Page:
[swift-evolution] [Pitch] making where and , interchangeable in guard conditions.
jgroff at apple.com
Tue May 24 12:31:15 CDT 2016
> On May 24, 2016, at 10:07 AM, Erica Sadun <erica at ericasadun.com> wrote:
> The where clause is not a stylistic flourish because it is still best used to constrain conditions that are semantically
> related to conditions. Upon acceptance as now, there are no compiler checks that mandate any relationship.
From a semantic perspective, at least, 'where' and ',' don't really matter to the compiler. Either one is an "and" composition of the list conditions.
> The difference is that (1) coders will be allowed to move Boolean assertions out of where clauses when there is no
> relationship, and (2) they will be allowed to order the statements as desired. Under the current system, all boolean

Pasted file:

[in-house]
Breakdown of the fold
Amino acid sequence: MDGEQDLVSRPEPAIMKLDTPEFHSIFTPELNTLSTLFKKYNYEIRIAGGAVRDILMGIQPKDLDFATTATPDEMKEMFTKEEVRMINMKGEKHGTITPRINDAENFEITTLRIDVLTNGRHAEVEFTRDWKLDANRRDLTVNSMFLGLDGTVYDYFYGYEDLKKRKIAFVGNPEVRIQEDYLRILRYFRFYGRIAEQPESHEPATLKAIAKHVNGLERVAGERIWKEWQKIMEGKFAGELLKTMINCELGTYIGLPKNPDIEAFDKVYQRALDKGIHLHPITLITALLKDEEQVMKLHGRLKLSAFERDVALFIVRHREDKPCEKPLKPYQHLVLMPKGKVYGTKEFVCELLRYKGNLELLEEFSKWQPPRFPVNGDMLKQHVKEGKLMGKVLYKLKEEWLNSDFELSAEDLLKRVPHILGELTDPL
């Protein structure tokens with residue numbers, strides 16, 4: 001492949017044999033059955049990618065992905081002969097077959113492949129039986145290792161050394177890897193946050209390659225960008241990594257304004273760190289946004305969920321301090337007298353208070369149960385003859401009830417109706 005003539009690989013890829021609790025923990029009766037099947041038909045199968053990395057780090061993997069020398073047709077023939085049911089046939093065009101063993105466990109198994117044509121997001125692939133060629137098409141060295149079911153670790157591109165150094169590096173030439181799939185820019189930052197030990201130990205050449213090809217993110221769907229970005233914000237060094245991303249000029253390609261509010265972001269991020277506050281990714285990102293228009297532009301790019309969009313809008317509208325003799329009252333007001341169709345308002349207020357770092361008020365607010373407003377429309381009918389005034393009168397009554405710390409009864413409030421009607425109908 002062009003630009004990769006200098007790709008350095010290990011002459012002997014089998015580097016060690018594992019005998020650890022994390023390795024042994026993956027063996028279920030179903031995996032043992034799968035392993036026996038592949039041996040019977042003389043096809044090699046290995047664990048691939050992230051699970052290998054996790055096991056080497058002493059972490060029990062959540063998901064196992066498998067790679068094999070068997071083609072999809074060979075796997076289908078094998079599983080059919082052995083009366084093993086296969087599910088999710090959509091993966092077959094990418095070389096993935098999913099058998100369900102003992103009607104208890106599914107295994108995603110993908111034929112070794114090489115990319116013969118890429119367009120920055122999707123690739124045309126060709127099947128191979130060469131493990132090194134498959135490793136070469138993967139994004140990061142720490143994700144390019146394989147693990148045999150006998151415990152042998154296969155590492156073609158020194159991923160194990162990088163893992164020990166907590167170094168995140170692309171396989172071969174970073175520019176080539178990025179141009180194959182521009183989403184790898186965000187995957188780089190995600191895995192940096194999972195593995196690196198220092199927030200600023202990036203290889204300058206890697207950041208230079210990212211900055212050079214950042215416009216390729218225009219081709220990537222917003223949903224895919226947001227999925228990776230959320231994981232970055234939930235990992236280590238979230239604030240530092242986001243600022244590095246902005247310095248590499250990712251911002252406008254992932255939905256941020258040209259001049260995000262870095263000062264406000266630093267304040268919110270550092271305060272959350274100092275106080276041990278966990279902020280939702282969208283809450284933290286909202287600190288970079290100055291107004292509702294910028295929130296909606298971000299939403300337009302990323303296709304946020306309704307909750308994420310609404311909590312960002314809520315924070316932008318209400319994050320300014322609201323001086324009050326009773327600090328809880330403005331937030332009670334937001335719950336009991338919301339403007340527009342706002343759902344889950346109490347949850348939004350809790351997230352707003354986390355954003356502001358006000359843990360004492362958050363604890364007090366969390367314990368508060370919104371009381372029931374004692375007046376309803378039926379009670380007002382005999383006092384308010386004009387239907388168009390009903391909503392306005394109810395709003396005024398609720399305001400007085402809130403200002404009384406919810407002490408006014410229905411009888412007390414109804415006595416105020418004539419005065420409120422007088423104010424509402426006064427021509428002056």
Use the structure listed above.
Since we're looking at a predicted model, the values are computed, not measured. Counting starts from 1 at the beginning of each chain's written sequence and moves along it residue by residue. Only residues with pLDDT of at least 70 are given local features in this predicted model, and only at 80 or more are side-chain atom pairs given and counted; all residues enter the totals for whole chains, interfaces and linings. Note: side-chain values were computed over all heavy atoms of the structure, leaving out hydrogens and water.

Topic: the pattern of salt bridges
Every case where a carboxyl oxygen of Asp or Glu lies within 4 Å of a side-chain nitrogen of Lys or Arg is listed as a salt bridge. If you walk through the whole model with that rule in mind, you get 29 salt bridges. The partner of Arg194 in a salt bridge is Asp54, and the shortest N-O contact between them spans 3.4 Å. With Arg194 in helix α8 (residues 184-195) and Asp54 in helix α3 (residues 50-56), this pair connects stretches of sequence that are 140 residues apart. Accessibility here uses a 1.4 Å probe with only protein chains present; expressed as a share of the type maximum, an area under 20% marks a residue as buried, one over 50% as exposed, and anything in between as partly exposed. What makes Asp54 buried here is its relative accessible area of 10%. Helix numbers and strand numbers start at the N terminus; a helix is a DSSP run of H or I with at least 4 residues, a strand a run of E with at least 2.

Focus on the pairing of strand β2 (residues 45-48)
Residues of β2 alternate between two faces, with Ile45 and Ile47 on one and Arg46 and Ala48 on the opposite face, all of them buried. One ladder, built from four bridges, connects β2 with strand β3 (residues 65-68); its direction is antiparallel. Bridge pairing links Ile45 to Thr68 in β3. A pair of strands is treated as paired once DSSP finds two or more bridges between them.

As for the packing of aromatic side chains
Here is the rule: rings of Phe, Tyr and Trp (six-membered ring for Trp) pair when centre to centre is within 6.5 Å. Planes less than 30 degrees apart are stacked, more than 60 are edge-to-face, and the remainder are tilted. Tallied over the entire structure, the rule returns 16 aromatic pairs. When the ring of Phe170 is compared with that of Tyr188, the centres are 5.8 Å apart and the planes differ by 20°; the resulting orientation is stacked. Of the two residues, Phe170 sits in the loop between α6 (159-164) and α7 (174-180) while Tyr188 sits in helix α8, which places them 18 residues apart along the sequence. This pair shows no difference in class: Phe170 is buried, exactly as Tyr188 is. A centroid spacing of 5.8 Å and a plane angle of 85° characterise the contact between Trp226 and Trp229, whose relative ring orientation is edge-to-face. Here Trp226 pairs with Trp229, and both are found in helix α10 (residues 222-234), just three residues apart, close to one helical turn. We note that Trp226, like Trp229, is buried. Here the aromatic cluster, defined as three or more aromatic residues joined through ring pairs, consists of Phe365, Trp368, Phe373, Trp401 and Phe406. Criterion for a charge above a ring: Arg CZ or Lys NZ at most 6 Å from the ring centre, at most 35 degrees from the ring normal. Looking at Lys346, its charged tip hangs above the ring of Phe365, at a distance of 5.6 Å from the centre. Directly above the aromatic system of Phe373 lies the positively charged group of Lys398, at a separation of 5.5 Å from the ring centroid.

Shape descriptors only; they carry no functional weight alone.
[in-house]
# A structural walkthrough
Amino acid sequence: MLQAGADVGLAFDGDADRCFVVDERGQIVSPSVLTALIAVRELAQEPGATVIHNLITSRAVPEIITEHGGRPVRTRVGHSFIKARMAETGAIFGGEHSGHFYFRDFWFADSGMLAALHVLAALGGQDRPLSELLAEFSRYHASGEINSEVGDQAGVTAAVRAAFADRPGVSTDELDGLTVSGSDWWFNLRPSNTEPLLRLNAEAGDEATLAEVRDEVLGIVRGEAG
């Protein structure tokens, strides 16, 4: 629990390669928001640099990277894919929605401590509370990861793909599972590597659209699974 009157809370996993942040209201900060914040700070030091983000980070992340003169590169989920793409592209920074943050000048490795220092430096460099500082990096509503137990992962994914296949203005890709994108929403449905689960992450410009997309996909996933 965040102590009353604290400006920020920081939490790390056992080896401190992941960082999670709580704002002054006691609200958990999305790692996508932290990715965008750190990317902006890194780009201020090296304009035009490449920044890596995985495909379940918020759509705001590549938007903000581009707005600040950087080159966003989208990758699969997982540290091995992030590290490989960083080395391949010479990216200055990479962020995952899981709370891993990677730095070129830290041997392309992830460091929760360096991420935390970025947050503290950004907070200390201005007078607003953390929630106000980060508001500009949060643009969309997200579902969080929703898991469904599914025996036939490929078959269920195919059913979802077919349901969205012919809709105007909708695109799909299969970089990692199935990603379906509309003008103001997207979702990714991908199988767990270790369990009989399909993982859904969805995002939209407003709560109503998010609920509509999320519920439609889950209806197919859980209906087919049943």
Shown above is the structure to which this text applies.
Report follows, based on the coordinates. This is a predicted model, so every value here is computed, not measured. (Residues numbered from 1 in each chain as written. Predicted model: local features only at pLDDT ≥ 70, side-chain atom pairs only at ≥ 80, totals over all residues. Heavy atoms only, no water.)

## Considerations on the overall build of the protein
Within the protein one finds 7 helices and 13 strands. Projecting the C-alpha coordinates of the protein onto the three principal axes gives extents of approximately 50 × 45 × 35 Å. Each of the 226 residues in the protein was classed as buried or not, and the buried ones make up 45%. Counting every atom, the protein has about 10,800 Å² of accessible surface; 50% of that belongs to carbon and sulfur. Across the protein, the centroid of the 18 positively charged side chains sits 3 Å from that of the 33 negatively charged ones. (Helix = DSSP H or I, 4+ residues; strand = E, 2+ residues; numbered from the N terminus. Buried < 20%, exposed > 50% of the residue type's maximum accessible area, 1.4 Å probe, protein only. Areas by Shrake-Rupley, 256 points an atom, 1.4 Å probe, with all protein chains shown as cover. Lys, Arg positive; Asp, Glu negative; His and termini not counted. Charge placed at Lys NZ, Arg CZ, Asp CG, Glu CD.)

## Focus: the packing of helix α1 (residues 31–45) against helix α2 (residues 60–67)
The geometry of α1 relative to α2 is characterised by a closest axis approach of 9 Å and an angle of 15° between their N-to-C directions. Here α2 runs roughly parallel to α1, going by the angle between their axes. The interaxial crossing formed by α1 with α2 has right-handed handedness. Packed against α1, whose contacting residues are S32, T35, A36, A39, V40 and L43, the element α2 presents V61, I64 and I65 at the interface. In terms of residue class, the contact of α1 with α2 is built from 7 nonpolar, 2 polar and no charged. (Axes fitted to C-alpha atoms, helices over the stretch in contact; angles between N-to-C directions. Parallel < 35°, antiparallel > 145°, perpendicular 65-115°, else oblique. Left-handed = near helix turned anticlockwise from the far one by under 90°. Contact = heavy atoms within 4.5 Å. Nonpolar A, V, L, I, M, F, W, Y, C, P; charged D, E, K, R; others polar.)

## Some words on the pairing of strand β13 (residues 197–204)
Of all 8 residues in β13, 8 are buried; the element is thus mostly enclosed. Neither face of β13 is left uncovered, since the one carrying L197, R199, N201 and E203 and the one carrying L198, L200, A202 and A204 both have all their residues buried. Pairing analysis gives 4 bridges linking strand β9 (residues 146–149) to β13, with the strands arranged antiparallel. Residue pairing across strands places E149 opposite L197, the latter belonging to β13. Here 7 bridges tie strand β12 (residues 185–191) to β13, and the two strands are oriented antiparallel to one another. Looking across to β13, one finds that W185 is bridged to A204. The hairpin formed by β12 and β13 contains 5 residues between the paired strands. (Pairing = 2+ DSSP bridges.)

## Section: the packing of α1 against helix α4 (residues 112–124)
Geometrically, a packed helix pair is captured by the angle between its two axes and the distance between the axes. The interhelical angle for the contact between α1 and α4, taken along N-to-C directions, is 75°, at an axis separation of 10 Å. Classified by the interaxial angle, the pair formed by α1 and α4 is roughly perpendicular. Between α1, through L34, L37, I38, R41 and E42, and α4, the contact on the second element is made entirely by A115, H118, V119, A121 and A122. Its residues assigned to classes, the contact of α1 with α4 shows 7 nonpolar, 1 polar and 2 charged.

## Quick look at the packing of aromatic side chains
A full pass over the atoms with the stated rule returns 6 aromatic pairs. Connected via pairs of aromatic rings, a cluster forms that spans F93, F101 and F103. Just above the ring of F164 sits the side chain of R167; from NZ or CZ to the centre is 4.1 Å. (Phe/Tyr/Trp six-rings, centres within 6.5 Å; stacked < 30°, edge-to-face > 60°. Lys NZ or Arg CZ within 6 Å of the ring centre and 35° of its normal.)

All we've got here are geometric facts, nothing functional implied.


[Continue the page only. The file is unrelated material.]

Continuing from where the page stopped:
> clauses must be conjoined and expressed as the first item of the list (except after availability clauses, as the one exception)
> -- E
>> On May 24, 2016, at 11:01 AM, Xiaodi Wu <xiaodi.wu at gmail.com> wrote:
>> With the implementation of your proposal, will there be anything that can be written in where clauses that cannot be written after a comma (in the context of guard statements specifically)? If not, does the where clause become entirely a stylistic flourish?
>> On Tue, May 24, 2016 at 11:57 Erica Sadun <erica at ericasadun.com> wrote:
>> There is no way I could figure out how to restrict Boolean assertions to mentioned variables therefore I left where clauses entirely untouched.
>> I'd recommend people adopt in-house standards where Boolean assertions in where clauses should be semantically tied to the condition
>> clause that introduces them.
>> I will add this as a note.
>> -- E
>>> On May 24, 2016, at 9:29 AM, Xiaodi Wu <xiaodi.wu at gmail.com> wrote:
>>> Does this proposal distinguish between "where clauses [...] restricted to a Boolean assertion tied to variables connected to the binding or pattern condition" and "unrelated Boolean assertions [that] should be allowed to stand on their own"?
>>> Or are both types of boolean assertions now permitted either following a comma or following a where clause?
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